Things are getting serious for the all-singing, all-dancing school kids in Glee. A controversial episode featuring a straight and a gay couple each losing their virginity has been praised for its mature attitude towards adolescent sexuality.
The award-winning musical-drama series enters unchartered territory with "The First Time", an episode broadcast on Sky1 tonight after airing in the US this week.
The storyline follows long-standing couple Rachel (Lea Michele) and Finn (Cory Monteith) deciding to go "all the way" after being told their performance in the team's production of West Side Story lacked authentic sexual fizz. But the boundary-pushing show has married this development with teenage gay couple Kurt (Chris Colfer) and Blaine (Darren Criss) also deciding to have sex.
The virginity "double header" may prompt some candid discussions among parents watching with younger children. Yet from its launch, Glee has embraced homosexuality, explored the consequences of teen pregnancy and placed characters who might be outsiders in other series, firmly centre-stage.
Ryan Murphy, Glee co-creator, said: "Everybody has seen a straight couple losing their virginity, but has anyone dovetailed the gay and straight stories and given them equal weight? That seemed like an exciting choice."
Murphy's "exciting choice" was however condemned by the US-based Parents Television Council as "reprehensible". Speaking before the episode was broadcast, the group's president, Tim Winter, said: "The gender of the high school characters involved is irrelevant. Research proves that television can, and likely will, influence a teen's decision to become sexually active. Fox knows the show inherently attracts kids."
Another US watchdog, the Culture and Media Institute, accused the Fox network, part of Rupert Murdoch's News Corporation, of waging "a relentless campaign of liberal propaganda and pushing the boundaries of what's acceptable on broadcast TV."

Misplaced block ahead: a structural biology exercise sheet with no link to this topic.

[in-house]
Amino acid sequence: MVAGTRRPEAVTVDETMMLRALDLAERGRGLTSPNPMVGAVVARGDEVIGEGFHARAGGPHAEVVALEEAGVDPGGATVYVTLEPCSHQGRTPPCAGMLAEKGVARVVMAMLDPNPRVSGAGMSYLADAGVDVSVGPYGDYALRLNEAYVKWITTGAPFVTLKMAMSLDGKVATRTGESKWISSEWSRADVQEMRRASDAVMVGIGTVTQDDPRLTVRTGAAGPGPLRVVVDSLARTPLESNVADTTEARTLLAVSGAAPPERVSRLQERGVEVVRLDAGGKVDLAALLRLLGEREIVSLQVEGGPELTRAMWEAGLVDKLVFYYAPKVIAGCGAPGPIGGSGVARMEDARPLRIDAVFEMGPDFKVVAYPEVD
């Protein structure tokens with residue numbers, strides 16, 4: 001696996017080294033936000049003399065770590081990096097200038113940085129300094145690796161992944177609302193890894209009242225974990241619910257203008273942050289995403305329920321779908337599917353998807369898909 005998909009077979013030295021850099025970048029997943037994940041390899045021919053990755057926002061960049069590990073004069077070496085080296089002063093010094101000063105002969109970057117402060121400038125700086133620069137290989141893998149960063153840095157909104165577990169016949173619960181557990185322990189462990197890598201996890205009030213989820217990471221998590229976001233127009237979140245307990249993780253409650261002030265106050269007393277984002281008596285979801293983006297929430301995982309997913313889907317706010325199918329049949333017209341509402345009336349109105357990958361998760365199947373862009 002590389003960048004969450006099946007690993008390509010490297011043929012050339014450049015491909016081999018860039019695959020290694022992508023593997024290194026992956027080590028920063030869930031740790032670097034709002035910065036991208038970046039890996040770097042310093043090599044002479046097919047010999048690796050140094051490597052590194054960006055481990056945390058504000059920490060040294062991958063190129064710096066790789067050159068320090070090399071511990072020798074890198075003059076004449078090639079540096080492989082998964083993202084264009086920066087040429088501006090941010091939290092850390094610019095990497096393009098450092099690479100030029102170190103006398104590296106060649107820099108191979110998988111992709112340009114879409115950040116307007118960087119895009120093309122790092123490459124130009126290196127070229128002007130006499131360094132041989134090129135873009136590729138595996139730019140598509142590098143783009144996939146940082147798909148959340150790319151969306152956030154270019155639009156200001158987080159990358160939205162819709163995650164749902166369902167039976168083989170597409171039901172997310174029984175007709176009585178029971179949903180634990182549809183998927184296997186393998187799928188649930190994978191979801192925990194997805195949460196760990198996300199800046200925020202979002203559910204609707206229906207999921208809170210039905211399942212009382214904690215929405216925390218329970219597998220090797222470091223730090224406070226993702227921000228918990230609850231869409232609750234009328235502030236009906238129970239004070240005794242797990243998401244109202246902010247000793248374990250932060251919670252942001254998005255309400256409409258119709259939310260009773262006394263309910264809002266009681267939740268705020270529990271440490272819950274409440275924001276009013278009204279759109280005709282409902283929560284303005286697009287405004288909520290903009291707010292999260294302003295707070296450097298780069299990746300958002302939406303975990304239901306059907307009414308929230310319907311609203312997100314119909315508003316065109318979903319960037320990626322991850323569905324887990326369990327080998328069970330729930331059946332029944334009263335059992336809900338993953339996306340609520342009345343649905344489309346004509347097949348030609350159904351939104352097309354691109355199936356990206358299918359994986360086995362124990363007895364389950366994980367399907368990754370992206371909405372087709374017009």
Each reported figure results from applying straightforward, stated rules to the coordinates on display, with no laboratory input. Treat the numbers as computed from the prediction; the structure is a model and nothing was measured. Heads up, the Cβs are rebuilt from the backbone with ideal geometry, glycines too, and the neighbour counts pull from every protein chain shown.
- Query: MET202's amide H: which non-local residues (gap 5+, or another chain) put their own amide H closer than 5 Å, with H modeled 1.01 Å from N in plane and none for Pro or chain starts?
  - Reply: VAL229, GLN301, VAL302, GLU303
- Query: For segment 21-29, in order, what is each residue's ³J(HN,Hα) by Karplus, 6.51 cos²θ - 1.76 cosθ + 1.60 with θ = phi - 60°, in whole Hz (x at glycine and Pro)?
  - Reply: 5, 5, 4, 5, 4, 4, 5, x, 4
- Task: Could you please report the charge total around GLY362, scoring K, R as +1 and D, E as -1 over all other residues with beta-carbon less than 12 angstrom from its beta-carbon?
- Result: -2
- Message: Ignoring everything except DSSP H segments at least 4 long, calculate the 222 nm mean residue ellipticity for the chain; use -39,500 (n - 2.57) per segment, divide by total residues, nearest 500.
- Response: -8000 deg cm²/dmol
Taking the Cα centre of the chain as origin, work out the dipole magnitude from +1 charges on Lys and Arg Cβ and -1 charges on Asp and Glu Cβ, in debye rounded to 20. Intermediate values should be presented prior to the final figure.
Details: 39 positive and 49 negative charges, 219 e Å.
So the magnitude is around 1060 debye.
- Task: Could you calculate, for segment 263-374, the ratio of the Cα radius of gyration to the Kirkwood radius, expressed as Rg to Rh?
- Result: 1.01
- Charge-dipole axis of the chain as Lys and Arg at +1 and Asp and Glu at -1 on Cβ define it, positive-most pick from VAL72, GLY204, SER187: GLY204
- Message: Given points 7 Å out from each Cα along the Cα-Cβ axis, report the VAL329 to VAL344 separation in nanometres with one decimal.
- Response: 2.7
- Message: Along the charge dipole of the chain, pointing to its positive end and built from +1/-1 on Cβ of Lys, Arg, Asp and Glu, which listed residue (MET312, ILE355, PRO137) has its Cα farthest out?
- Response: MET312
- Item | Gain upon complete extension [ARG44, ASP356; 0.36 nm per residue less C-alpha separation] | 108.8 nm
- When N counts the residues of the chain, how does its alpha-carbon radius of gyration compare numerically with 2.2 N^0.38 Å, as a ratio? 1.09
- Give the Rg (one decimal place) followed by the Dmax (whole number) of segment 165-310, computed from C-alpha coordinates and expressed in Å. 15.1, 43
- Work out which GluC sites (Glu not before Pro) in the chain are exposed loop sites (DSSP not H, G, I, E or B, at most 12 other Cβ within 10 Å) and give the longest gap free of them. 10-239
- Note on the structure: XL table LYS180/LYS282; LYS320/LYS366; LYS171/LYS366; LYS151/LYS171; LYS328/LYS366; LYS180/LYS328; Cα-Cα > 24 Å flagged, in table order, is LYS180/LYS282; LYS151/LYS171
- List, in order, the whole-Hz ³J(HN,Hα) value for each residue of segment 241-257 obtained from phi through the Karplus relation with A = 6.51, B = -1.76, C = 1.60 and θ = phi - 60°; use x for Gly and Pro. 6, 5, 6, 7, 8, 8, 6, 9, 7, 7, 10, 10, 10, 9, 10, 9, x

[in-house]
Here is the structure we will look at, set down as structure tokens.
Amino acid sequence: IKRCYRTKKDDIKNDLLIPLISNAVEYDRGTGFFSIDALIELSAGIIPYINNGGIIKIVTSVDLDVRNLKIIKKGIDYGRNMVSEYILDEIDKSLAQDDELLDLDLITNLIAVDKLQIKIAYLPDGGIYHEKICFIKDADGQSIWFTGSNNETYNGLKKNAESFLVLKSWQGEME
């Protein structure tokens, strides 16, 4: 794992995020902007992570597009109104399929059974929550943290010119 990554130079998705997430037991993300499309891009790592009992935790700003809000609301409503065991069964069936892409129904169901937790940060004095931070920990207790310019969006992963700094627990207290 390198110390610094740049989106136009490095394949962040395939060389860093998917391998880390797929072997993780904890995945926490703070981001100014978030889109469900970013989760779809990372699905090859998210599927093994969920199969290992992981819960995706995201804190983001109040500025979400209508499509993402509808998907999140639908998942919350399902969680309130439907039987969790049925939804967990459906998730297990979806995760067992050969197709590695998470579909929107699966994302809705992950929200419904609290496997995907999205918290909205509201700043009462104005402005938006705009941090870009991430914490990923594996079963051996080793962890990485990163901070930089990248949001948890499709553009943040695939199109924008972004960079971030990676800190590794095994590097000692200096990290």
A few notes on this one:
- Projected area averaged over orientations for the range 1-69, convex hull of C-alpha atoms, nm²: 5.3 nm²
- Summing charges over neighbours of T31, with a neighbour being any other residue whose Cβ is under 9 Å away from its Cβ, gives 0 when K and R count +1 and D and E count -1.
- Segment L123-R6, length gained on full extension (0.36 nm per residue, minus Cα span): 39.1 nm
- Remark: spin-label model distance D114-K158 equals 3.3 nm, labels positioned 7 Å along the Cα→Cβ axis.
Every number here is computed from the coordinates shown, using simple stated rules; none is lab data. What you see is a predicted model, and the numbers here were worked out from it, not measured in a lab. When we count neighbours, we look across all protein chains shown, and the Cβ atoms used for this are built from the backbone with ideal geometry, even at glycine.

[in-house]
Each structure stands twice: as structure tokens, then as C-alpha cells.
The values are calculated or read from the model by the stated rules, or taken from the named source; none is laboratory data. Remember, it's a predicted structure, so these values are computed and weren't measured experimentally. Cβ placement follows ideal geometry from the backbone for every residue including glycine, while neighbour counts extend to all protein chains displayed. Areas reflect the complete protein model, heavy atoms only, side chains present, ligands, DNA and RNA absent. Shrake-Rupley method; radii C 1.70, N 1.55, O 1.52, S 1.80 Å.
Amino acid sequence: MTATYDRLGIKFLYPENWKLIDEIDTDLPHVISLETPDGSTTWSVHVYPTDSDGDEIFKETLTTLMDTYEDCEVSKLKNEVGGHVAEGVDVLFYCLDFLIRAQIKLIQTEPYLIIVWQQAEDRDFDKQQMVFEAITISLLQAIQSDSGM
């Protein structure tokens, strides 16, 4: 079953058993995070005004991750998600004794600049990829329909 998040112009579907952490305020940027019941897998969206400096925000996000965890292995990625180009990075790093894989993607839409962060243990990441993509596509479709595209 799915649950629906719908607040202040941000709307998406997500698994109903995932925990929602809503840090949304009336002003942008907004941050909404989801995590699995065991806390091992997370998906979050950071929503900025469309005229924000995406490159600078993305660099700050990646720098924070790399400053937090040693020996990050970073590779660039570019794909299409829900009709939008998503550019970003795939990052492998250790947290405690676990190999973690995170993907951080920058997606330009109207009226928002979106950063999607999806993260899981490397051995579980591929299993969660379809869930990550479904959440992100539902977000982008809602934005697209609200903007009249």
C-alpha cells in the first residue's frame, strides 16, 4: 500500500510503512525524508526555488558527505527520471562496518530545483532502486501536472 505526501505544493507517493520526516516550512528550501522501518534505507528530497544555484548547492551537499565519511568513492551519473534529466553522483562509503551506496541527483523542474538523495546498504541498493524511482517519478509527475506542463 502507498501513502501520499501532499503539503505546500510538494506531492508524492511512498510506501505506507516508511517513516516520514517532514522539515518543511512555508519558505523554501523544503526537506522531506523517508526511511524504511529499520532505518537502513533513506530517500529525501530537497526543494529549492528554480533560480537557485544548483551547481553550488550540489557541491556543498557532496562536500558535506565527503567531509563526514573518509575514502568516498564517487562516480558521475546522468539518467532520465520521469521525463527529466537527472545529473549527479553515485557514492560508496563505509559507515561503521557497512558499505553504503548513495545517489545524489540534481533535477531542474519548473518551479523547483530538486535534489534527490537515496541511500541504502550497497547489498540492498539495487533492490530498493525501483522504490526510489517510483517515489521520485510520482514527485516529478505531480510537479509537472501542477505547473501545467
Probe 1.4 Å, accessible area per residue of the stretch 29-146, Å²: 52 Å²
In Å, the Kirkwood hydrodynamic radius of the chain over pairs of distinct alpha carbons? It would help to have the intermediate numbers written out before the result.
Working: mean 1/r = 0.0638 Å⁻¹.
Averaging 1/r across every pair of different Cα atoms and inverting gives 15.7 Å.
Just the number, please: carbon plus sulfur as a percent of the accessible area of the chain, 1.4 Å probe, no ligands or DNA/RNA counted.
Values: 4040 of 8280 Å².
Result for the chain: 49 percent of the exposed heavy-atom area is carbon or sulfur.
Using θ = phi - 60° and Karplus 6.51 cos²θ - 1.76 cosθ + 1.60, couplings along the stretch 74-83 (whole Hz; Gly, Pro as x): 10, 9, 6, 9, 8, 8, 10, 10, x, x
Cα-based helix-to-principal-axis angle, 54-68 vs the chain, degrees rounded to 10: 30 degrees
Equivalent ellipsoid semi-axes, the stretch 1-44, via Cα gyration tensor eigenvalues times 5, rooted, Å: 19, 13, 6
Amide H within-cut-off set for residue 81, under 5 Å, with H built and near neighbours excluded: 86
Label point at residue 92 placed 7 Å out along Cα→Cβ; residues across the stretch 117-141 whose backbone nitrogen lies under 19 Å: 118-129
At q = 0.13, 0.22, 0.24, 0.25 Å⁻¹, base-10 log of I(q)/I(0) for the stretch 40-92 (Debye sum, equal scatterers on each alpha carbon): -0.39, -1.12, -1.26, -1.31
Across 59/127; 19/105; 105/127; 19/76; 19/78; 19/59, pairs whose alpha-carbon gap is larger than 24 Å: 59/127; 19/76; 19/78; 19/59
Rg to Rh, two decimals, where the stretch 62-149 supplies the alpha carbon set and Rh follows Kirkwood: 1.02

The reality was somewhat different. The gay sex scene arrives after the couple visit a gay bar in a bid to inject some spontaneity into their love life. They reject the temptations on offer and decide what they have together is sufficient. The actual sex depicted offers little more explicit than a nuzzling of noses.
To the musical accompaniment of "One Hand, One Heart" from West Side Story, their compatriots Rachel and Finn take the plunge after committing themselves to safe sex.
For both couples, the episode shows the importance of discussion and emotional preparation before taking such a big step. Yet awarding the gay scene equal status to the straight couple's encounter is something US viewers have not seen during a prime-time drama.
Reviewers praised the episode for handling the sex scenes delicately. The influential E! entertainment site concluded: "Though sex is certainly the word of the day, the episode gives both couples more depth of emotion than we've seen so far this season."
Since its launch in 2009, Glee's colourful dance routines and singalong cover versions have helped shift 30 millions albums. But the series has been shedding US viewers during its third season as Murphy steers the drama into more adult territory. Former cheerleader Quinn Fabray, who gave away her baby, is now engaged in a custody battle to win her back.
The virginity episode may be too tame for viewers who enjoy Glee's more subversive moments. Website Jezebel argued: "If anything, the sex is too romantic and unrealistic, but that's probably smart when you're trying to show America that there's nothing scary or uncomfortable about gay teens in love."
"The First Time" was seen by some as an attempt by Murphy, who has created a new hit show called American Horror Story, to reignite viewer interest. Even the actors were expecting some nudity. Colfer said: "What I thought could be raunchy and over-the-top was just very sweet and emotional. That's kind of how it is with Glee. I think it's a huge deal that this is the first time something like this has been shown, but it's handled so delicately that I don't think it will have quite the shock factor that people are thinking."
The "virginity losing" scene is a mandatory development in US teen dramas but producers often struggle to find new plotlines once the "will they/won't they" debate is resolved. The popular Dawson's Creek delayed the big moment between Katie Holmes' Joey and Joshua Jackson's Pacey until series four.
The Daily Mail website, normally a reliable arbiter of moral outrage, warned viewers that Glee would unveil an episode "involving gay sex, premarital sex and underage drinking". But it is a measure of Murphy's success that the writer was forced to conclude: "There is apparently no sensationalism here."